Here are two more pieces from the book Timbuktu to Tibet by Jon
The first piece is labeled Turkmen Ceremonial Camel Trapping, "could be as old as the eighteenth century".
It is from the Nancy Jeffries & Kurt Munkacsi collection.
No structural description is listed.
The next piece is described as Turkmen, Central Asia, Mid-19th century, 45" x 21", also from the Jeffries & Munkacsi collection, "precise tribal origin is unknown."
As with the first piece shown in the Discussion, there is no structural analysis which could help with determining a more specific attribution for either of these pieces.
The lack of structural information is a weakness of the book, and a surprising one.
The not-very-specific attributions of date or tribal origin are typical of Jon Thompson and, in my opinion, far less misleading than the aggressive attributions made by so many authors. The simple fact is that the more precise the tribal and age attribution, the less likely they are to be correct. This notion meets vigorous resistance in Rugdom.
Hi Patrick and Steve,
I agree with both of you, in that the lack of even basic structural information strikes me as an important limitation.
That being said, in my uneducated opinion both pieces shown above are winners, but the second is a knockout. One thing that strikes me about the second piece is how carefully it has been composed and how precisely the design has been executed. Note, for example, how precisely the border rythmn and proportions have been maintained all the way around. Very often, there is a clear and somewhat jarring disjuncture between the horizontal and vertical borders on such weavings. This one even keeps the vertical orientation of the kochanak motifs the same all the way around. The consistent colour sequencing keeps the rythmn. I won't pretend to know the attribution, but this level of precision somehow strikes me as early Tekke or Salor.
I talked to Annette Rautenstengel about the top piece, while we had a quite
moment, and she was sure it was Eagle Gull Type II. It is asymmetrically knotted
open right. It does make me curious that Jon Thompson didn't dain to identify it
as such but left the attribution completely open. Using the line of reasoning I
have developed for the late 18th century I predict that this trapping was woven
by an Eagle Gull II woman living under a Yomud husband along with his other
Yomud wives. I think this because the two main borders of this trapping can be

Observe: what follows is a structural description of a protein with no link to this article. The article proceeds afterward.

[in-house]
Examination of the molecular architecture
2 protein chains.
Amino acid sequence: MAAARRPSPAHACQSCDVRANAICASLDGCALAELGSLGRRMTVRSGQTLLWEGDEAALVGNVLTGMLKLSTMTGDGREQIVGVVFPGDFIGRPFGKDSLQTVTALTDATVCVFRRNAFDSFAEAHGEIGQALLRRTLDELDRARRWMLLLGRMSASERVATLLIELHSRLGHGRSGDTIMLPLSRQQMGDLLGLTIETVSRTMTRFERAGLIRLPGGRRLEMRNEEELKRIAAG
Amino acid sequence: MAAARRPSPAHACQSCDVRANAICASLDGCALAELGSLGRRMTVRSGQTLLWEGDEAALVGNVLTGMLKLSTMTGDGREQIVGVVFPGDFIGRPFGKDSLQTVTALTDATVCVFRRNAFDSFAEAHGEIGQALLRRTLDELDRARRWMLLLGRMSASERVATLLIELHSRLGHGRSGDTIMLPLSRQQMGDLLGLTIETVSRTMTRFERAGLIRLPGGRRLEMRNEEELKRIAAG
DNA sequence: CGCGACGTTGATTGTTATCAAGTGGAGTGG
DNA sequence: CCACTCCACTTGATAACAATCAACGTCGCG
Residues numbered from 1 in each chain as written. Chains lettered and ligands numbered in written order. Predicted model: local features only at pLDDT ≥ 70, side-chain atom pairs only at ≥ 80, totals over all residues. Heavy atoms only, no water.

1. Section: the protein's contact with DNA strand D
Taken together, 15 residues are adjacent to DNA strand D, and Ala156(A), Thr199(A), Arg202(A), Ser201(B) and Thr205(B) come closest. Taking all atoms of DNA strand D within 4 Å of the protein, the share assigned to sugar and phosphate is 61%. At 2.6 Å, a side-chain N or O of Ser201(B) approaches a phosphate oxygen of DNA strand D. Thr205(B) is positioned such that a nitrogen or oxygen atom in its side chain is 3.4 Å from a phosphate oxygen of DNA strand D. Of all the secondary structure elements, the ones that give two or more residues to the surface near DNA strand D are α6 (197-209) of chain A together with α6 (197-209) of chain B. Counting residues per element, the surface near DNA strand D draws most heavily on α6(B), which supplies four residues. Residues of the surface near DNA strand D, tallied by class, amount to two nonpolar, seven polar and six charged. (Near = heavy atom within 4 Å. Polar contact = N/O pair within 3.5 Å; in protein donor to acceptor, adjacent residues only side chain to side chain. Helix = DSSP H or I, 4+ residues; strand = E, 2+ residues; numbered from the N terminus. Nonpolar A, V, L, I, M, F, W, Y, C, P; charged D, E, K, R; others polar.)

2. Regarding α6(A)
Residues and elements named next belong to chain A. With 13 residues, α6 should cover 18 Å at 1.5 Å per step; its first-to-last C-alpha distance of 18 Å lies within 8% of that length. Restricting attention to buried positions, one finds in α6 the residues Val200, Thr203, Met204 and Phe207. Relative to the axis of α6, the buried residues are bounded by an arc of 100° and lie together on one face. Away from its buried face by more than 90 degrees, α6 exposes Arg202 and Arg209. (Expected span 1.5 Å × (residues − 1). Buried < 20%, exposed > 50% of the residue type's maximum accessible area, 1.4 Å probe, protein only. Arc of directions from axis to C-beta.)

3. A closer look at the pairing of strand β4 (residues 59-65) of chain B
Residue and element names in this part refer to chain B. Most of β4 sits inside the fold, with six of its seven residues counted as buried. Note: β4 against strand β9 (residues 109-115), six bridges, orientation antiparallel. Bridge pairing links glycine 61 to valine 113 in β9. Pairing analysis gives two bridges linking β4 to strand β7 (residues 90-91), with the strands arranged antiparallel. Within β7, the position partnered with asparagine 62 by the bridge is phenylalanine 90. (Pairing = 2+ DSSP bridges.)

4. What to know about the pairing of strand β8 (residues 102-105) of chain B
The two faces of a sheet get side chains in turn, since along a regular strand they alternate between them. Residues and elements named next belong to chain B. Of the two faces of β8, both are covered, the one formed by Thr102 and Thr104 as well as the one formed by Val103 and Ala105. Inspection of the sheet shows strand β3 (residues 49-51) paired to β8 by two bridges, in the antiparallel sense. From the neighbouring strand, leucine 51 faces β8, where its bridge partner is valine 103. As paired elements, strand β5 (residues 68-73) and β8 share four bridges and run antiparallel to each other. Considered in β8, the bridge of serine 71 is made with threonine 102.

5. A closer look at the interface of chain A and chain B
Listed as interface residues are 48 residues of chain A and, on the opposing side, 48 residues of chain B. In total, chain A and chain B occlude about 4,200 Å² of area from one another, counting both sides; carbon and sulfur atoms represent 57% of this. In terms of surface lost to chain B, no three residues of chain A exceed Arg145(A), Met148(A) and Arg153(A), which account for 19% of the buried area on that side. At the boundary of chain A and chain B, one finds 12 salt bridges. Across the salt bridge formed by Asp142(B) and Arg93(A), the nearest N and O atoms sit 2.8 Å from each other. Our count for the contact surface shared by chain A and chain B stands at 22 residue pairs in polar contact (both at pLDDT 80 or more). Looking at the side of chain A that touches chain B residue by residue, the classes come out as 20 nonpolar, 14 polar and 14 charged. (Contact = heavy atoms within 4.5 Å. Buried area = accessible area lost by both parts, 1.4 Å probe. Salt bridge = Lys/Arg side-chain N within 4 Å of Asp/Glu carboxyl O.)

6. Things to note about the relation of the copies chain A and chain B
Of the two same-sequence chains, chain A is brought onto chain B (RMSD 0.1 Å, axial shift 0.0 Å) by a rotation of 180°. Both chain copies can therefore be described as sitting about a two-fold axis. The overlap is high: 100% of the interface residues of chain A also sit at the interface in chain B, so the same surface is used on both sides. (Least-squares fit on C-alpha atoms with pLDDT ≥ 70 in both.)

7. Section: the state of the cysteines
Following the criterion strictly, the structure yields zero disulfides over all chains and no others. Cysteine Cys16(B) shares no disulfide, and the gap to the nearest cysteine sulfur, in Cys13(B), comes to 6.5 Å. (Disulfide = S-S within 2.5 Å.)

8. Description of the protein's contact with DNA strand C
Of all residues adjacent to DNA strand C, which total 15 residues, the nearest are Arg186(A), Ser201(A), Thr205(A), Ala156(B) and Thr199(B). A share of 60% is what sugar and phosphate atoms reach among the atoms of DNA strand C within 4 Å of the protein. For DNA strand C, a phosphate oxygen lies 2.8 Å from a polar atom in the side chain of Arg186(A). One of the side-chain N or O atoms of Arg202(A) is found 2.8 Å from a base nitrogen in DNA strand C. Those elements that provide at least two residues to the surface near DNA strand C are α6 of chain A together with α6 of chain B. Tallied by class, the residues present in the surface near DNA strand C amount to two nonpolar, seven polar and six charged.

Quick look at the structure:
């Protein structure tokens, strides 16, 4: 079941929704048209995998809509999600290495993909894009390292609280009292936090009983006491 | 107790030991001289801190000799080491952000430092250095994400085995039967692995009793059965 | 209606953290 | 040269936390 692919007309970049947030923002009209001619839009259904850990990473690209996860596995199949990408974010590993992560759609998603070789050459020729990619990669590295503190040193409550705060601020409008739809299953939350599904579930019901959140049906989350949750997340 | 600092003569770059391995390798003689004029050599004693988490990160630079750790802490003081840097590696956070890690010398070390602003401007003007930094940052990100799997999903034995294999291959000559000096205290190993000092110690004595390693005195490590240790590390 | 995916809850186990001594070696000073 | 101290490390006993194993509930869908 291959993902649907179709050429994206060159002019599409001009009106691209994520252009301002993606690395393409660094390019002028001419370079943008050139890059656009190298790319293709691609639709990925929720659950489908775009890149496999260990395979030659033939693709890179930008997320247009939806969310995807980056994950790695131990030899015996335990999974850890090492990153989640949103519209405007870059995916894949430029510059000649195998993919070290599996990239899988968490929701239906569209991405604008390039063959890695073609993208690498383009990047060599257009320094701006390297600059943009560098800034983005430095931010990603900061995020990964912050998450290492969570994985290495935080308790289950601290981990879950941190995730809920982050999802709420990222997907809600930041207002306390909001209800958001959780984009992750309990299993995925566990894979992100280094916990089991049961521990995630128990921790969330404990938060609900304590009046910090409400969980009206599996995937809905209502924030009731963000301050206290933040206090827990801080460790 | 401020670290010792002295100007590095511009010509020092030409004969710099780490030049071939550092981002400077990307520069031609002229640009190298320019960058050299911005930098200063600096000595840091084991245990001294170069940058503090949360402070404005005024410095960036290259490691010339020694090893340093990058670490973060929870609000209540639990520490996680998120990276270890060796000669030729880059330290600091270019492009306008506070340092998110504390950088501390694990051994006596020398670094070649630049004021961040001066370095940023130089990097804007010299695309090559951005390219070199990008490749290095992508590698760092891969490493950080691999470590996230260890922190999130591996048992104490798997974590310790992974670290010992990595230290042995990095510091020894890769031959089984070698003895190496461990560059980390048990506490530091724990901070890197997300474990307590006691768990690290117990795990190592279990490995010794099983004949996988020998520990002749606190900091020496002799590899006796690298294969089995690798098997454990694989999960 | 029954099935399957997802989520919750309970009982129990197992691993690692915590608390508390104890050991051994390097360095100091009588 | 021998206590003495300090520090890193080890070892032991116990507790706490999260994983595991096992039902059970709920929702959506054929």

found on other Yomud weavings but I don't recall ever seeing those borders on
anything that I thought was unquestionably an Eagle Gull piece. I have gone into
detail in previous salons about Tekke torbas with old drawing made with inferior
dye stuffs and with Yomud borders often rendered upside down. I believe this
very beautiful ostensibly Eagle Gull type II trapping fits that mold perfectly.
Incidentally the main gull center surrounds aren't traditional either. In other
Eagle Gull II trappings the central main gull surround is stepped. In fact look
at the Turkoman silver piece my wife is wearing at the Hajji Baba opening,
picture posted by Patrick. That piece of jewelry has the exact same outline as
the traditional EG type II inner main gulls do. Incidentally that is an
extremely rare piece of Turkoman silver and I presume it is Eagle Gull, whatever
The second piece has a similar look to what are usually described as later
Turkmen flatweaves, although this piece is said to be mid-19th century. The
reddish color and the regularity of the guls are the same as many later Yomud
The Timbuktu book notes that the "field design is ancient, widespread and is found in the weavings of both Turkic and Iranian nomads and their descendants."
It is describing the "Memling Gul". I have not located any such later Turkmen pieces on-line which are not for sale, but I will check a few reference books.
Please Patrick, not wanting to appear too ignorant, however it would be nice to know just what sort of weaving they might have done/still be creating in Timbuktu... Seeing as the book indicates its beginnings in the title I presume there is a specific reason for it.